Stack Overflow is a community of 4.7 million programmers, just like you, helping each other.

Join them; it only takes a minute:

Sign up
Join the Stack Overflow community to:
  1. Ask programming questions
  2. Answer and help your peers
  3. Get recognized for your expertise

I have a spreadsheet corresponding to entries of a user, their estimation, and the actual value (for example: hours for a particular project - again, this is only an example), which we can represent in CSV like:

"User 1",5,5
"User 1",7,7
"User 2",3,3
"User 2",9,8
"User 3",6,7
"User 3",8,7

I'm trying to build a report on these users, to quickly see which users underestimate or overestimate, and so I created a pivot table. But, I can't figure out how to simply show if a user has underestimated at some point. I tried to create a calculated field like =IF(Estimate > Actual, 1, 0), but this sums, then compares the Estimate and Actual columns and tells me that "User 3" doesn't over/underestimate.

Without adding an additional field to my data, how can I accomplish this?

A similar SQL pseudo-query would be:

(SELECT COUNT(*) FROM ActivityLog AS l2 WHERE l2.User = al.User AND l2.Estimate > l2.Actual) AS Overestimates
FROM ActivityLog AS al


I'm still working on this, and currently have created a static list of users in some cells on the side, and have given them the Array Formulas: {=SUM(IF((A$2:A20 = F6)*(B$2:B20 > C$2:C20), 1, 0))} and {=SUM(IF((A$2:A20 = F6)*(B$2:B20 < C$2:C20), 1, 0))} (if I have the user's name in F6).

Mainly, I want to do this where the list of users can populate dynamically from the main data.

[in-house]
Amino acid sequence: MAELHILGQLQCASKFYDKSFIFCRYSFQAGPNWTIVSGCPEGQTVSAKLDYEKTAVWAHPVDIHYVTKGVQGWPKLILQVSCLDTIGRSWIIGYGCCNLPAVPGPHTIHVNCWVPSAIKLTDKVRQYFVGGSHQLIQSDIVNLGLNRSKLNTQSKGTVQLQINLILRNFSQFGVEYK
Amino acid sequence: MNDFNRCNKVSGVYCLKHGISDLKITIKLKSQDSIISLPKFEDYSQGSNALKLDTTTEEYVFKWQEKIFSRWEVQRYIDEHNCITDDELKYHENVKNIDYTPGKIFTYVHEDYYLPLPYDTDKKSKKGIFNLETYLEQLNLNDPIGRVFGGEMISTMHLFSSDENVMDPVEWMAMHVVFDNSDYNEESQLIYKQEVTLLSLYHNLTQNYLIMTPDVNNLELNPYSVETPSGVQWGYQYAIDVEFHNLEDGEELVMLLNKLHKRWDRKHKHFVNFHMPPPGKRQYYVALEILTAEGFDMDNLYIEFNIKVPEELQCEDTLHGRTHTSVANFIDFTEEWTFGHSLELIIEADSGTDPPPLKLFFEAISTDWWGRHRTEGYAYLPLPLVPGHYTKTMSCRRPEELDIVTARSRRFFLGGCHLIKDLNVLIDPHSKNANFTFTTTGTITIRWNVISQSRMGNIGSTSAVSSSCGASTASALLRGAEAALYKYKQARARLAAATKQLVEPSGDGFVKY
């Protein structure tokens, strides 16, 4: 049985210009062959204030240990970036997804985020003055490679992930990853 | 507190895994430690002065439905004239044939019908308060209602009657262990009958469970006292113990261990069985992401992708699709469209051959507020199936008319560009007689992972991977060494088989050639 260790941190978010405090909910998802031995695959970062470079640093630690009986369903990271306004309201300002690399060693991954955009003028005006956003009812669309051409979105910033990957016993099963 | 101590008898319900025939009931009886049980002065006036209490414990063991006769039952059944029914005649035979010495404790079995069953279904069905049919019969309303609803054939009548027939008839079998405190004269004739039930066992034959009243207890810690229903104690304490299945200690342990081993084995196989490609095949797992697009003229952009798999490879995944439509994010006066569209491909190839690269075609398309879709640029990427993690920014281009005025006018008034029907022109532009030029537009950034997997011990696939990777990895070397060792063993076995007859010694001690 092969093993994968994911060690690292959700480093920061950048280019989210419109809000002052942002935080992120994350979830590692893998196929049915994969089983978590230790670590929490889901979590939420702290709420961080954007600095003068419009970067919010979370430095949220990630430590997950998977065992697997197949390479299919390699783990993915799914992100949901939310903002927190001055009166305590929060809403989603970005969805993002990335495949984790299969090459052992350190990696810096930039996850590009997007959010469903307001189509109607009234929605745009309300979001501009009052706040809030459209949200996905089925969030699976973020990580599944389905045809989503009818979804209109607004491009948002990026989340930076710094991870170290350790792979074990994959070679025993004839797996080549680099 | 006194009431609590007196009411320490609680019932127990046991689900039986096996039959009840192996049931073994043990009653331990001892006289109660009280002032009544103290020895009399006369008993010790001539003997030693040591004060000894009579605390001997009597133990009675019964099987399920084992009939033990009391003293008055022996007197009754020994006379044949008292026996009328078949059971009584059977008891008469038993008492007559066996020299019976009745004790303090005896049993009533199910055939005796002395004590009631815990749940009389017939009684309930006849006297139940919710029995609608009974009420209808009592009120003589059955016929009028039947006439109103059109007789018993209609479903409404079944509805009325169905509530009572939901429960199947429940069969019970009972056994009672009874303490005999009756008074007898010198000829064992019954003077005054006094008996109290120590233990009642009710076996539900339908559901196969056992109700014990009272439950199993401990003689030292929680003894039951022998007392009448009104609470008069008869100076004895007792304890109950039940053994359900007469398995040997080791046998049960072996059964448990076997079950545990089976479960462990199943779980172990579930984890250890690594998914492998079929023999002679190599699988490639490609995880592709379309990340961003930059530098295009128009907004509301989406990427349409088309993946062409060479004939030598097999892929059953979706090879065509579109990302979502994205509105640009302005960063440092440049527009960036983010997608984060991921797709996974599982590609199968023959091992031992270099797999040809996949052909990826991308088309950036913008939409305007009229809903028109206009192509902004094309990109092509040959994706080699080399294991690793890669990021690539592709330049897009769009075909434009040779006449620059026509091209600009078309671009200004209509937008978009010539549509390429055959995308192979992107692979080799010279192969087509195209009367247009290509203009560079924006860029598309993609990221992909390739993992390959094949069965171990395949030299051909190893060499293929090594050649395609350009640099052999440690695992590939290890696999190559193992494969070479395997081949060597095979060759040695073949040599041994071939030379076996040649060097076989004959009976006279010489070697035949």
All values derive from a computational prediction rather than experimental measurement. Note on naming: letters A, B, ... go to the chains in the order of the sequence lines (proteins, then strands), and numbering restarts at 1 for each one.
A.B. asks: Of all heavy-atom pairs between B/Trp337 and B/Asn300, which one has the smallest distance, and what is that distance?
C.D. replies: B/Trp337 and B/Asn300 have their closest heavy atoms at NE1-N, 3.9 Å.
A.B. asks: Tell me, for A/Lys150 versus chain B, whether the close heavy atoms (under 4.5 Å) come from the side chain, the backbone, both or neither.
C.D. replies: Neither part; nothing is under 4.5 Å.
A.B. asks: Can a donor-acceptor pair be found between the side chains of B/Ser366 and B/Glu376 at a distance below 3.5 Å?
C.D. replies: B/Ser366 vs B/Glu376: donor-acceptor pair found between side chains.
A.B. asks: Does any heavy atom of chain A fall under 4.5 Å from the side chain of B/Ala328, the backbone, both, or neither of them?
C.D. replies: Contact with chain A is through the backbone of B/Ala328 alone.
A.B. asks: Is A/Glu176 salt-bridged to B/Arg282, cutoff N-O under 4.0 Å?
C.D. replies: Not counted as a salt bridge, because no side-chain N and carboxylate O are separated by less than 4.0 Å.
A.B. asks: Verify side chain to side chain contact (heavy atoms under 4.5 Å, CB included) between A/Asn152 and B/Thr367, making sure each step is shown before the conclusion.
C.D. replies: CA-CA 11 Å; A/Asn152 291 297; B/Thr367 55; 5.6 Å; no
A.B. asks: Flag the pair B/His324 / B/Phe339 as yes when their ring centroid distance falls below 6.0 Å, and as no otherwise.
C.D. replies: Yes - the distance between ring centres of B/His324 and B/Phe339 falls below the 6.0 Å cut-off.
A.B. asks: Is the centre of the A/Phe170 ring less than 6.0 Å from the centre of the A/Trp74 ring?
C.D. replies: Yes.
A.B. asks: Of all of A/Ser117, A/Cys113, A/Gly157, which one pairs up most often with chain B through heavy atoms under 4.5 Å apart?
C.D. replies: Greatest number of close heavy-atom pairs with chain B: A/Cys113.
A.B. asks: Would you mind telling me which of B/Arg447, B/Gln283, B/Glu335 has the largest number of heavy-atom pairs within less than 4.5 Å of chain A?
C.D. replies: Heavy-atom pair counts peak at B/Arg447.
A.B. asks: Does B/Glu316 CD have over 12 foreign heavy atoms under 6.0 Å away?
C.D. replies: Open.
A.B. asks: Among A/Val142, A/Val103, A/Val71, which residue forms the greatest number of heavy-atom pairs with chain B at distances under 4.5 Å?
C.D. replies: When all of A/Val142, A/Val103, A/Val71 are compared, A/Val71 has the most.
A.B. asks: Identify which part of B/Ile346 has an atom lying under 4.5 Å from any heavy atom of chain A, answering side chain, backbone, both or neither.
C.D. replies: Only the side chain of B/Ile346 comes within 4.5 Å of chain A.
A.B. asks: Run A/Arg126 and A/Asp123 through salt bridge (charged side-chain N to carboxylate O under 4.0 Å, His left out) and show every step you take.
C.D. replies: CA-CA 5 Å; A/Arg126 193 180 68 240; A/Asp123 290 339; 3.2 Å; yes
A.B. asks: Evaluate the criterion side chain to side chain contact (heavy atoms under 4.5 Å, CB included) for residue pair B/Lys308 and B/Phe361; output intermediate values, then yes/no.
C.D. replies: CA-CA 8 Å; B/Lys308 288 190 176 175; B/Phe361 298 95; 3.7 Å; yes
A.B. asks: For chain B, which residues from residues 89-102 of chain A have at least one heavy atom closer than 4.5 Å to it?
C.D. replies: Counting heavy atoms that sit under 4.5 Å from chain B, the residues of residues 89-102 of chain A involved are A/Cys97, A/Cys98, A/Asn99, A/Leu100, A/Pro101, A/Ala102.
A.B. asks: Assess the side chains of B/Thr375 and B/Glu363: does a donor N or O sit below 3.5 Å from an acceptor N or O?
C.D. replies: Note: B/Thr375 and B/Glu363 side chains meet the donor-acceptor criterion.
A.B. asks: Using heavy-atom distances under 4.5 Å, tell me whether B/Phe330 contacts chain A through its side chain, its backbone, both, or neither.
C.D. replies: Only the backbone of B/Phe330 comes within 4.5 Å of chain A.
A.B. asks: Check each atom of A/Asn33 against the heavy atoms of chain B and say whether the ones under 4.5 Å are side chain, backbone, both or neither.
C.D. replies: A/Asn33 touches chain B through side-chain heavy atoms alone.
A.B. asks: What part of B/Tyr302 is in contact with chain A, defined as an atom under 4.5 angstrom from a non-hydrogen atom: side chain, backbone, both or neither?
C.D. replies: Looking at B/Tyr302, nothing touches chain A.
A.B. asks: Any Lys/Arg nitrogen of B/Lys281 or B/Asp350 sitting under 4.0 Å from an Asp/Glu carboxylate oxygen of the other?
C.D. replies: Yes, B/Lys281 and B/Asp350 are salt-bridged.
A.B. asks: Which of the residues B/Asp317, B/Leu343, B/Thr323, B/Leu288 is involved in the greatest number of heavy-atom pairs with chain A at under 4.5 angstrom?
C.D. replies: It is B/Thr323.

share|improve this question

Calculated fields in pivot tables stink. I would get rid of the pivot table and do it with formulas. Start a unique list of users in H15 and enter this in I15


array entered. This will return 1 if they ever over or under estimated and zero if they never did. The downside is that you can't "refresh" it like a pivot table so you have to make sure your unique user list is accurate all the time.

If that's too big of a downside, I think you'll need to add a column to your source data. Specifically


And add that to your pivot table. It will show zero for never over/under and non-zero otherwise.

share|improve this answer

You are aware that you should make sure the estimates are all in the same range? Smaller numbers can be estimated better (when talking about hours).

share|improve this answer
Huh? I'm giving the estimating hours scenario as an example. – palswim Oct 7 '10 at 22:07

Add a column for actual-estimate

then summarize those values for min max and average. (or stddev)

share|improve this answer
You're saying that I need to add a column to my data or the pivot table? – palswim Oct 1 '10 at 20:07
it is a calculated value - so to the pivot i would guess. – Randy Oct 1 '10 at 20:08
Calculated values only deal with the sum of those columns for each particular user. (E.g. for "User 3", a calculated Actual-Estimate would yield 0, since (7+7) - (6+8) = 0.) – palswim Oct 1 '10 at 20:12

Your Answer


By posting your answer, you agree to the privacy policy and terms of service.

Not the answer you're looking for? Browse other questions tagged or ask your own question.